“This is a positive step in signaling that there can be accountability for police officers who kill,” said Mark Osler, a law professor at the University of St. Thomas School of Law in Minnesota.
The Hennepin County jury found Chauvin guilty on all three counts against him, nearly a year after the white officer knelt on Floyd, a Black man, for more than nine agonizing minutes, killing him and setting off a wave of nationwide racial-justice protests.
Many longtime observers of law-enforcement issues saw a decisive indictment not only of the individual in question — Chauvin — but of the nature of policing in America, particularly the pernicious racial inequalities that the case came to symbolize for so many.
“Even though the system wasn’t on trial,” said Jonathan M. Smith, the executive director of the Washington Lawyers’ Committee for Civil Rights and Urban Affairs, “the whole system really was on trial.”
Those who have long followed similar cases said they were braced for disappointment.
Stephanie Whitehead, an associate professor of criminal justice at Indiana University East in Richmond, Ind., said “I held my breath” waiting for the verdict.
“I feared this would end up like so many other cases involving police killings,” she said. “It was a clear-cut case, but so have others” been as well.
Justin Bamberg, a South Carolina-based lawyer who has been involved in several cases involving shooting deaths at the hands of police, said he hoped the conviction marked “a turning point in civil rights, and just as important, opens the minds of law enforcement that you can be held accountable for your actions.”
Bamberg, who is Black, called the case a “great day for Mr. Floyd’s family, and everyone across America who believes in equal justice for all.”
In many quarters, though, there was sorrowful acknowledgment that the conviction brought little real solace.
“The first thing we need to remember is that George Floyd was a human being, not a political cause,” said the Rev. William H. Lamar IV, the pastor of Washington D.C.’s historic Metropolitan African Methodist Episcopal Church. “This is not justice; it is accountability.”
Justice, Lamar said, would be “living in a world where a police officer would not think it possible to do what was done to George Floyd with impunity.”
For some, even a hoped-for verdict reignited a sense of fury and despair.
“Derek Chauvin isn’t just a bad apple, and we need not treat him like one to feed our anger or soothe our fears,” said Maurice Mitchell, the head of the Working Families political party. He called Chauvin “the latest manifestation of the utter rot that modern-day policing has become. “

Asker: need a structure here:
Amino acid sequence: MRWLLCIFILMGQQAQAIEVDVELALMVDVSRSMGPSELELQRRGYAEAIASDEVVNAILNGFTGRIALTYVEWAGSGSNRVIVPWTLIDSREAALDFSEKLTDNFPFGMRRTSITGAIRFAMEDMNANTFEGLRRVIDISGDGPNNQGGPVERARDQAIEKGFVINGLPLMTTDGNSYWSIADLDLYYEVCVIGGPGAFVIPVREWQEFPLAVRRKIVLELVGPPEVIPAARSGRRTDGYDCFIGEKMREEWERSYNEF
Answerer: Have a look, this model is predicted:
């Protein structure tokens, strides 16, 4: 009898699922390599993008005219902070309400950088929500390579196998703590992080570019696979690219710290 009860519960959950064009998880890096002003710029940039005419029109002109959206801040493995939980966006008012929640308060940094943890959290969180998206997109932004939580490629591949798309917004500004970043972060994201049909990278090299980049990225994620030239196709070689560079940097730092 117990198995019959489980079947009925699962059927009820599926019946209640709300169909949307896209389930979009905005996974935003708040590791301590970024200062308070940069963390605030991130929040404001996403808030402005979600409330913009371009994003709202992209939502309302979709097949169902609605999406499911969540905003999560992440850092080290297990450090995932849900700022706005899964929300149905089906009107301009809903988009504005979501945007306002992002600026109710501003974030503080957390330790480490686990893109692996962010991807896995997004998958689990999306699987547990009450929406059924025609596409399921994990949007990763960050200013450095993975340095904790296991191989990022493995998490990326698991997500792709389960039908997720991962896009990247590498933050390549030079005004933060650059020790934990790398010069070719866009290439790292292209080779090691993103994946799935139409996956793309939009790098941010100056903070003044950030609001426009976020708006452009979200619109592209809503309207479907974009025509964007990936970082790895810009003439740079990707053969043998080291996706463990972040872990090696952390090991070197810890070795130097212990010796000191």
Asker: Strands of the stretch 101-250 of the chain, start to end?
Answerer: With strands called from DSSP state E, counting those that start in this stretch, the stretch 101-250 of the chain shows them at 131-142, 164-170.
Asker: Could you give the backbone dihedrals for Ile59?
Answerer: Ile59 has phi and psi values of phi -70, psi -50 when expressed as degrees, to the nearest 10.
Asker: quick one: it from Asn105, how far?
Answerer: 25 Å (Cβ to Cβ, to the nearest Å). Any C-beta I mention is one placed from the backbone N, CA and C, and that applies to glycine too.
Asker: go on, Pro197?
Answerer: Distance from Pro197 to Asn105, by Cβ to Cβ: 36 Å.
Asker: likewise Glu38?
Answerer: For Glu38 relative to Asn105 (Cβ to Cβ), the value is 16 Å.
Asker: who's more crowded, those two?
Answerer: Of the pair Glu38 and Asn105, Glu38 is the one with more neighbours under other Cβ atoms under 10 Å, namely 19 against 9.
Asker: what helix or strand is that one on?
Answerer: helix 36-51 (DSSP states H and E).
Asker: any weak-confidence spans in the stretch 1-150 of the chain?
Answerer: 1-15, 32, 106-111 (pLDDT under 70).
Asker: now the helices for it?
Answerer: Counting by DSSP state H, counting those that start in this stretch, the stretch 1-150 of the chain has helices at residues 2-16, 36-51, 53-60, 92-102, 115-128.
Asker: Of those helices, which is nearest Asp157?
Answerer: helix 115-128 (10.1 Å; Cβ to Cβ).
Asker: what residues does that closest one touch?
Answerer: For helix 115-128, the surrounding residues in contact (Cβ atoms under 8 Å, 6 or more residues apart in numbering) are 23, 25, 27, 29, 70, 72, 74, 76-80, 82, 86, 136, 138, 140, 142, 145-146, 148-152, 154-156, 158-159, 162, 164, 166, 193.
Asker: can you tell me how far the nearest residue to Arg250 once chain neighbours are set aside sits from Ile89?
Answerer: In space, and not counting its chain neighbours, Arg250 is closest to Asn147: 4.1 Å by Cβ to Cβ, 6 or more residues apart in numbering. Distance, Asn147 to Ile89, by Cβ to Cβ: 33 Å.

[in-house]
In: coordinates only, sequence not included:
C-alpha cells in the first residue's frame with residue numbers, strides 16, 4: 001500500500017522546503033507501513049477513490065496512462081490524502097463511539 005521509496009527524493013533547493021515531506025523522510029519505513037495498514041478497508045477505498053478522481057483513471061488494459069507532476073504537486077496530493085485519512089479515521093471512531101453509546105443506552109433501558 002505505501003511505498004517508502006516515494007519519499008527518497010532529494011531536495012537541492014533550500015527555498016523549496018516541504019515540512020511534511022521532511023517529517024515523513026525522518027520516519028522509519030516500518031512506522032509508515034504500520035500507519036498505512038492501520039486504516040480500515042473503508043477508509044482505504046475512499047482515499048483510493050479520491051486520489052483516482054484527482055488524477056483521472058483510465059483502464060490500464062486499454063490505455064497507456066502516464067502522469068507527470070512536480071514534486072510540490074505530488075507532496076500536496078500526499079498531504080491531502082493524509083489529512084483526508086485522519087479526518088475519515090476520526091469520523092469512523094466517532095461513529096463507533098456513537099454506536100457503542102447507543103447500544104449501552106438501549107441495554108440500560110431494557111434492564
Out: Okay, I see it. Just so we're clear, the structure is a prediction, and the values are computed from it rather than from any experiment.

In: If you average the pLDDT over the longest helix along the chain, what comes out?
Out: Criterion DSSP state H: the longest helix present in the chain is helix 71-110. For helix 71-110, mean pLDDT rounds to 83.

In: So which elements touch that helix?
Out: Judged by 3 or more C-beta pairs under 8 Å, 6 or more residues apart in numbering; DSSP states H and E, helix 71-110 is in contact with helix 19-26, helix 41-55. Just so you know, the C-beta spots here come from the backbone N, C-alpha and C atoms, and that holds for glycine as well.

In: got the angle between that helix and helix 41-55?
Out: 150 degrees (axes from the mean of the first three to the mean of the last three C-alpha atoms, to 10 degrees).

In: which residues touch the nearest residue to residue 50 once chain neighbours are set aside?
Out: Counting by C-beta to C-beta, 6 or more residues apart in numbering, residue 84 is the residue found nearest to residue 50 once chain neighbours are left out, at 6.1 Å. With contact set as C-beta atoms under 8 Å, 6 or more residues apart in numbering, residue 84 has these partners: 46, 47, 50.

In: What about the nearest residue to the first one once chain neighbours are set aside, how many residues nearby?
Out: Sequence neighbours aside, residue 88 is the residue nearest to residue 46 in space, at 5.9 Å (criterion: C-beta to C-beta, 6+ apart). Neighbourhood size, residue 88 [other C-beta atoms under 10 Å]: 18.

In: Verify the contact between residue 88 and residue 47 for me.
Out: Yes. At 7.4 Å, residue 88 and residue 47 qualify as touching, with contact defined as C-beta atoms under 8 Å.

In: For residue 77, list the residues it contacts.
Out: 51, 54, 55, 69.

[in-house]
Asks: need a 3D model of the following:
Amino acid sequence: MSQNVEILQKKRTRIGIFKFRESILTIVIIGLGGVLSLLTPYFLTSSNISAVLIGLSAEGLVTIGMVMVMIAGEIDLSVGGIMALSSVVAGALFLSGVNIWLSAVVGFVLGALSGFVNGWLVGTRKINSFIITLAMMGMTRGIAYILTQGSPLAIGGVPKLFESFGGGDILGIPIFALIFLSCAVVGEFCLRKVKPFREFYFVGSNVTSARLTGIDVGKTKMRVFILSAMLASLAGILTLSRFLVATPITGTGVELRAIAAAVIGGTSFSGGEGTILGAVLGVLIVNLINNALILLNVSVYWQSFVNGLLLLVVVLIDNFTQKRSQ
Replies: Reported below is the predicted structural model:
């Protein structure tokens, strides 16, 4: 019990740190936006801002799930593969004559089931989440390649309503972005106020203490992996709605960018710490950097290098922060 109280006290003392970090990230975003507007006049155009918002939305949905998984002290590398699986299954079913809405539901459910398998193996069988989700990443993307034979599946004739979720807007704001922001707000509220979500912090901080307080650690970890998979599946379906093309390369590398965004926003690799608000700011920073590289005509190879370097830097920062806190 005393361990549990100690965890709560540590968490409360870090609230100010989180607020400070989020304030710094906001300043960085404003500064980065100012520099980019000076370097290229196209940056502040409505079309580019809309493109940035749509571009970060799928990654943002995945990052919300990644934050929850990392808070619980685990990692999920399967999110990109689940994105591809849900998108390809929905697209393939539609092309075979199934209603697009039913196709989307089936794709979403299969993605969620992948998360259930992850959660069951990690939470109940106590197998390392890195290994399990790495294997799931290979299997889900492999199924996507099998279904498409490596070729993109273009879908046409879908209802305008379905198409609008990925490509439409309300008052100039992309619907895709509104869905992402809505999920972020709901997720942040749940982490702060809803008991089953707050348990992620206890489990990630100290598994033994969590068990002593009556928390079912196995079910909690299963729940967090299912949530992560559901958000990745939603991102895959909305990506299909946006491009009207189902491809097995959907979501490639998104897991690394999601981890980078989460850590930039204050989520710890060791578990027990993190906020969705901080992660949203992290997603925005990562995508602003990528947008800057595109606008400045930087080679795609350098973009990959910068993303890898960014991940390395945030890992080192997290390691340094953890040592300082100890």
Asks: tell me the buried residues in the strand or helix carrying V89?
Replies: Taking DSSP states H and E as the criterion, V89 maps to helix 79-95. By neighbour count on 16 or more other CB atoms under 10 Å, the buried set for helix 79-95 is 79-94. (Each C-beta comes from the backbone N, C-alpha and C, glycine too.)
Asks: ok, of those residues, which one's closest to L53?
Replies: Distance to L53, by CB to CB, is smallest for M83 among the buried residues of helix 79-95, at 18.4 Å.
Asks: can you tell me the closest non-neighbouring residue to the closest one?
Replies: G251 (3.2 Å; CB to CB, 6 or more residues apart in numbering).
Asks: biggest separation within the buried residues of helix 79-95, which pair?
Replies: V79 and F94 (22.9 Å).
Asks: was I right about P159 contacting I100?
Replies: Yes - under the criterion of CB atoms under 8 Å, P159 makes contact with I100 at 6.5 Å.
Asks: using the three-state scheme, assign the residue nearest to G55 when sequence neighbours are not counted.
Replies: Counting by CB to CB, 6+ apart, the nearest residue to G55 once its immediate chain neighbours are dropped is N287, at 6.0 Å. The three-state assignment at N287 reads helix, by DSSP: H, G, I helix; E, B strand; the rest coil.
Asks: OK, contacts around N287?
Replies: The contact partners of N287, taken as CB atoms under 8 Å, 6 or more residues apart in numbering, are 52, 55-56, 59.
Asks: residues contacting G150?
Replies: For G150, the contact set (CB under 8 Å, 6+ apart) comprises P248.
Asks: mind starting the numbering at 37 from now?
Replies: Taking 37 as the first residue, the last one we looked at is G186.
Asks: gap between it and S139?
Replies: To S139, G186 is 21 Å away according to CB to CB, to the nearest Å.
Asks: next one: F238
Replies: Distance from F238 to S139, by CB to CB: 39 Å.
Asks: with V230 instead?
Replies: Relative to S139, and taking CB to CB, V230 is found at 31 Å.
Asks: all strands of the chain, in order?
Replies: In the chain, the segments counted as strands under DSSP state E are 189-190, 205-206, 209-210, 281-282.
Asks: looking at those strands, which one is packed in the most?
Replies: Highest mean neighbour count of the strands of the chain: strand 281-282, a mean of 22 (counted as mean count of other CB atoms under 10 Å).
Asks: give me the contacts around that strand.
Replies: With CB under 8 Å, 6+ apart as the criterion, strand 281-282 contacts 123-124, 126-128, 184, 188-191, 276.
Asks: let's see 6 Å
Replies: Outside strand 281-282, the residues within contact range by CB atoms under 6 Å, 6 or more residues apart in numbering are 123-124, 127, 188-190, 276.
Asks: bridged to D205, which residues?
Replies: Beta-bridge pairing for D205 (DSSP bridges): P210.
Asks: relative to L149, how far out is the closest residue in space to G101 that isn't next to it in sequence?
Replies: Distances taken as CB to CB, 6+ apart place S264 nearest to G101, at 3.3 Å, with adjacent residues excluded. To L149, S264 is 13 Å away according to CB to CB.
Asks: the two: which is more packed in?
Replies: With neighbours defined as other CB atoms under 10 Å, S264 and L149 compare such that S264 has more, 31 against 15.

Racial-justice advocates said they saw the outcome as a beginning, not an end.
“Justice has prevailed,” the NAACP tweeted, “but the work is not done!”
Several legal experts praised the prosecution’s courtroom presentation, pointing to particularly effective use of law enforcement officers as witnesses. Law professor Osler said the trial offered graphic proof of the “blue wall of silence crumbling.”
“You had not just the police chief, but you had other officers who testified consistently that what the officer did was wrong,” he said. “You had many different people with experience in the Minneapolis police department coming to a consensus that what Chauvin did was not consistent with his training.”
Others said the prosecution was wise to hew closely to what jurors saw with their own eyes: the harrowing video of Floyd’s dying moments May 25, 2020.
“The prosecution did a good job of making it very simple,” said Brandon Garrett, a professor of law at Duke University. “When you watch that video and you see that Floyd was held for nine-and-a-half minutes, during which he posed no threat to anyone and was fully restrained — that’s simply not policing.”
The trial’s outcome carried powerful symbolic overtones for Black law enforcement personnel, including Gregory Tony, the first Black sheriff of Florida’s Broward County.
“Chauvin’s conviction is a reminder to all who wear a badge that we are not above the laws which we swore to protect,” he said in a statement. He said Floyd’s death “moved the consciousness of America like never before.”
Some commentary on the trial’s outcome, though, pointed to the bitter national divides that remain. Erick Erickson, a white conservative radio talk-show host based in Georgia, railed on Twitter about “wokevangelicals” he said were disappointed the outcome did not provide them with more reason to complain about injustice and racism.
While this was a landmark policing trial, Garrett said the real significance would lie in whether it brought about enactment of broader police reforms at the federal and state level.
“Holding one officer accountable, whether civilly or criminally, doesn’t fix the system,” he said. “Criminal accountability after the fact doesn’t prevent egregious and improper police use of force.”
Floyd’s death, Garrett said, drew much-needed attention to the broader issue of “where and why policing happens” — how police interact with members of the community, and how handling of minor infractions can sometimes take such a horrifying turn.
“We shouldn’t be turning convenience-store encounters or traffic stops into deadly encounters,” he said.